What parents need to know
Parents Need to Know
Parents need to know that Otter 501 is a nature documentary with a semi-scripted framing story/character instead of the typical narrator. Like most nature documentaries, the film contains some potentially disturbing scenes -- like of a crying otter pup clinging to its dead mother's body. The otter mom's shark bite is shown, and the audience is told that the pup is unlikely to survive. And there are other sad moments when otters don't make it or are lost and presumed dead. Ultimately, though, this is an incredibly educational documentary about otters' life cycle and their importance as one of the ocean's most interesting and important species. Younger otter lovers may not have the attention span needed to follow some of the movie's longer explanations, but science- and animal-oriented tweens are sure to pick up lots of great facts.
What's the story?
In OTTER 501 -- a documentary with a seemingly scripted framing story -- viewers are introduced to the Sea Otter Research and Conservation program at the Monterey Bay Aquarium via a fresh-faced young marine biologist named Katie (Katie Pofahl) who's visiting California from Wisconsin for six months. While in California, she encounters a stranded, orphaned otter the aquarium calls Otter 501. Attached to the cute and cuddly otter, Katie volunteers at the aquarium, where she learns all about the history and significance of sea otters, which were once plentiful but are now endangered.
Is it any good?
Despite the appealing central character and the adorable animals on display, Otter 501 requires patience and a long attention span to make it worthwhile. Even though Katie is young and spends a lot of time sharing her experiences on Facebook and via text, it's obvious that a lot of what she's saying is scripted, because it sounds almost like she's acting instead of just being herself. It takes a while to get used to the movie's hybrid format; those who prefer a traditional, distinguished-sounding narrator might be confused or bothered by Katie's presence.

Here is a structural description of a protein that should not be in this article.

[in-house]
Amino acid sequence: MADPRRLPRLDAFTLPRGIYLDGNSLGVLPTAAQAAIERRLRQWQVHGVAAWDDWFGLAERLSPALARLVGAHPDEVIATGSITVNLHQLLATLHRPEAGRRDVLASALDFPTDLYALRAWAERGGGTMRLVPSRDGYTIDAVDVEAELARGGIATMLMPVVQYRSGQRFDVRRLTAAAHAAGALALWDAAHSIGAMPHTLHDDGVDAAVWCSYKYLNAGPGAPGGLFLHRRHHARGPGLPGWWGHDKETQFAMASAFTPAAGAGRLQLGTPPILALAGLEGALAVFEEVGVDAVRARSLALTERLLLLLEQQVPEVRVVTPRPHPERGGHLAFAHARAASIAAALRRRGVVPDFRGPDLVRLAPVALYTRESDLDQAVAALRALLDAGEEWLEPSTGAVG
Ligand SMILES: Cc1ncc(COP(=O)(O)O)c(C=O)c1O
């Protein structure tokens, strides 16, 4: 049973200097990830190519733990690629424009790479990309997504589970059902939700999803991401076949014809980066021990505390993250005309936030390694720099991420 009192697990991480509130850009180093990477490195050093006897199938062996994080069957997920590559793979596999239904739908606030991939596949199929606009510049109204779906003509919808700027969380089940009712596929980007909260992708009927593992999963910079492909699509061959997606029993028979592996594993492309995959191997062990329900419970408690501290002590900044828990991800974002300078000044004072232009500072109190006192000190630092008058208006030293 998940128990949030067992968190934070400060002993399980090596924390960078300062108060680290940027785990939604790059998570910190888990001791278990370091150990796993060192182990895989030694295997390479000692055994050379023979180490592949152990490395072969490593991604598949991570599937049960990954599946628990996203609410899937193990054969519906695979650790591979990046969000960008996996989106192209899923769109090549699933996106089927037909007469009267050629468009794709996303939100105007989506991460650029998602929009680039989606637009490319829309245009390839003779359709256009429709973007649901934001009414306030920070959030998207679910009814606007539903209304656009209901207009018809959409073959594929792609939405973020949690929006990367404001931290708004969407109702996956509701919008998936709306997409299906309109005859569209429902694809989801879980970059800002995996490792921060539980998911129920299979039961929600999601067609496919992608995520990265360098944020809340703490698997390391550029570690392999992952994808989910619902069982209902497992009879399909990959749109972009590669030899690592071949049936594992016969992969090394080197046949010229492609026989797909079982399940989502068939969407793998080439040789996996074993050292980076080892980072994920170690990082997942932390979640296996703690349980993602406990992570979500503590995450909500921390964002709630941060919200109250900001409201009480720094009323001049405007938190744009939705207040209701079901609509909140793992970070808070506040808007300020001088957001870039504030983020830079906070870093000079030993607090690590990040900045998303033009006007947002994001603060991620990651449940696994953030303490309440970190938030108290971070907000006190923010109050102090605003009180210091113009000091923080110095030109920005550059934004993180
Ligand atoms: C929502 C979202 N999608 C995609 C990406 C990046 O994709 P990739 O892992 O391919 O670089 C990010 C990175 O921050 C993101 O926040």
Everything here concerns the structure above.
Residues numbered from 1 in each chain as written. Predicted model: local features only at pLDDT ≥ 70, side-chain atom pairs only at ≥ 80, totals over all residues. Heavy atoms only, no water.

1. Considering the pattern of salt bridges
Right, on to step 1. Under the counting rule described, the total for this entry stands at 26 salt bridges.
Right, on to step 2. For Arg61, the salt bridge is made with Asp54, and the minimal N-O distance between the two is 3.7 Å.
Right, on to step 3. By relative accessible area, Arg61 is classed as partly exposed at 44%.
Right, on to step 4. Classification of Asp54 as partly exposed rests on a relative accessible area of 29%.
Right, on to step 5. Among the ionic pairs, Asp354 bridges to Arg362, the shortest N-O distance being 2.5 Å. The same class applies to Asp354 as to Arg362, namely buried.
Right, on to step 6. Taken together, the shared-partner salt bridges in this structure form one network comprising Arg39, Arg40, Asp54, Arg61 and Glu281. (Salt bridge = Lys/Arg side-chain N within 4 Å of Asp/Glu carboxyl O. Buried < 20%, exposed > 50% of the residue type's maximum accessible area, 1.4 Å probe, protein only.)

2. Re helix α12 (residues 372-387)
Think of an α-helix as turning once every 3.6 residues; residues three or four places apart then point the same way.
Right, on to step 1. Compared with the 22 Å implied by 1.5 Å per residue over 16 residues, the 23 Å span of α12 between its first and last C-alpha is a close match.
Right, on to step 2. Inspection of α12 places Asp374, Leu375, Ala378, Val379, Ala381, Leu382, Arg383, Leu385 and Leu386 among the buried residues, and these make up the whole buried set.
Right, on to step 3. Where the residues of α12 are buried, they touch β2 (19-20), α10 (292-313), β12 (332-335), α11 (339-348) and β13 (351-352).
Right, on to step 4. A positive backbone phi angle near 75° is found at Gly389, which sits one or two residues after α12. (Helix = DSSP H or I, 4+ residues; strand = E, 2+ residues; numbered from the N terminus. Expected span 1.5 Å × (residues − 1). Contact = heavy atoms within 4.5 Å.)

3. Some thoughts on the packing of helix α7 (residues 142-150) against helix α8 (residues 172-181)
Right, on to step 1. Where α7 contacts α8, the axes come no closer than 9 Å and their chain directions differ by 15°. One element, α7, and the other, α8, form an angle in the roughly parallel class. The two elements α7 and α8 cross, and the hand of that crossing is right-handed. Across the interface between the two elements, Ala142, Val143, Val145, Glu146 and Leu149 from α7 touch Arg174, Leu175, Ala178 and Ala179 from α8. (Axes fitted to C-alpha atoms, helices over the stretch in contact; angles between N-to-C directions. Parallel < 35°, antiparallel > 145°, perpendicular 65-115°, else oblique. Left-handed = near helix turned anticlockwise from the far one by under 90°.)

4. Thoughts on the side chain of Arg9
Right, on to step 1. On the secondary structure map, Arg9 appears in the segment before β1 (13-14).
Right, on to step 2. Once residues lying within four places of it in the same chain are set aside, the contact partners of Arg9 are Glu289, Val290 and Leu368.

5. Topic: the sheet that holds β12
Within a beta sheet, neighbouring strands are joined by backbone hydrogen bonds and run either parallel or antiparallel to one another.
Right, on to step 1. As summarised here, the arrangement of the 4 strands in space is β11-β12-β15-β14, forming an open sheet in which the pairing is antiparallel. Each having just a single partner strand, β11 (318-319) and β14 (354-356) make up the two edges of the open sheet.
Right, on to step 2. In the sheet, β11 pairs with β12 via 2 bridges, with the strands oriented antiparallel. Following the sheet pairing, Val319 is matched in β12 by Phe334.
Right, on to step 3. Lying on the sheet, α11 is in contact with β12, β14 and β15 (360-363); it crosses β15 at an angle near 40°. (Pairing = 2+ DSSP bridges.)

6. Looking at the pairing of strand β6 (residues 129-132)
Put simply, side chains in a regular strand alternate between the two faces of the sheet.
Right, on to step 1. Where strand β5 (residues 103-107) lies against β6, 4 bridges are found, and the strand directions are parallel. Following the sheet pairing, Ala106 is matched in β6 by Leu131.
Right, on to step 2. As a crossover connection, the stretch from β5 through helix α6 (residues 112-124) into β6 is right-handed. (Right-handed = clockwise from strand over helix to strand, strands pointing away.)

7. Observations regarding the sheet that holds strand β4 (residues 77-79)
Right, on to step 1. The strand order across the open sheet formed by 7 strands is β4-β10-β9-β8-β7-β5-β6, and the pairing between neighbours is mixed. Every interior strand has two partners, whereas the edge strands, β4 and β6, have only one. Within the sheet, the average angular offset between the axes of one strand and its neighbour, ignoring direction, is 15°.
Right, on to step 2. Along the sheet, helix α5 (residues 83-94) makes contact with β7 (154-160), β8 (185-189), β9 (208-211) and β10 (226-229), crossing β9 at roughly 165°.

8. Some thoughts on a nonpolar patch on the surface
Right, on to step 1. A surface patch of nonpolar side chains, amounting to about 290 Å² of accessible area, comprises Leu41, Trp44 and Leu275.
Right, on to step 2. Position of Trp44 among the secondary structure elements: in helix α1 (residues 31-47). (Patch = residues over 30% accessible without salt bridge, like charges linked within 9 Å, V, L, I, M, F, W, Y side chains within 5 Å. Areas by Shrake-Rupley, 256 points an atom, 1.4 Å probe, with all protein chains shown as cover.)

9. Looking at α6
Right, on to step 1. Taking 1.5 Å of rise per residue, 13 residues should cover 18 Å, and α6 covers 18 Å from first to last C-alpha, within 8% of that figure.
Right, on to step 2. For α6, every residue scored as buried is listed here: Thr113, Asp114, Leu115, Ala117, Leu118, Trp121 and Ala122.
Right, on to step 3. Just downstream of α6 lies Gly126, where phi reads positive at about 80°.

In a more traditional documentary, the filmmakers would have interviewed the aquarium staff and spoken to various academics who could put the historical significance of sea otters in context. In Otter 501, Katie and computer graphics and archive photos provide the exposition whenever the camera isn't focused on the otters themselves. Observant audiences will learn a great deal about what makes otters such a miraculous species (did you know the great otter hunt of the 19th century helped finance the Industrial Revolution?), but younger kids (and some parents) might find the nearly 90-minute exploration of the endangered species a bit of a stretch.
Families can talk about...
Families can talk about the enduring popularity of animal-specific nature documentaries. Once shown only as TV specials, now there are more and more wildlife documentaries. Which ones capture animals the best, and which ones make animals seem more human than animal?
Otter 501 is different than most, because instead of a narrator or filmmaker explaining events, we learn about the animals through the character of Katie. Was it confusing to figure out whether Katie was "real" or not? Do you prefer a traditional narrator or this style of documentary?
How do you think viewers can take Katie's message about saving the otters to heart? In what way can your family help the cause of caring for endangered species?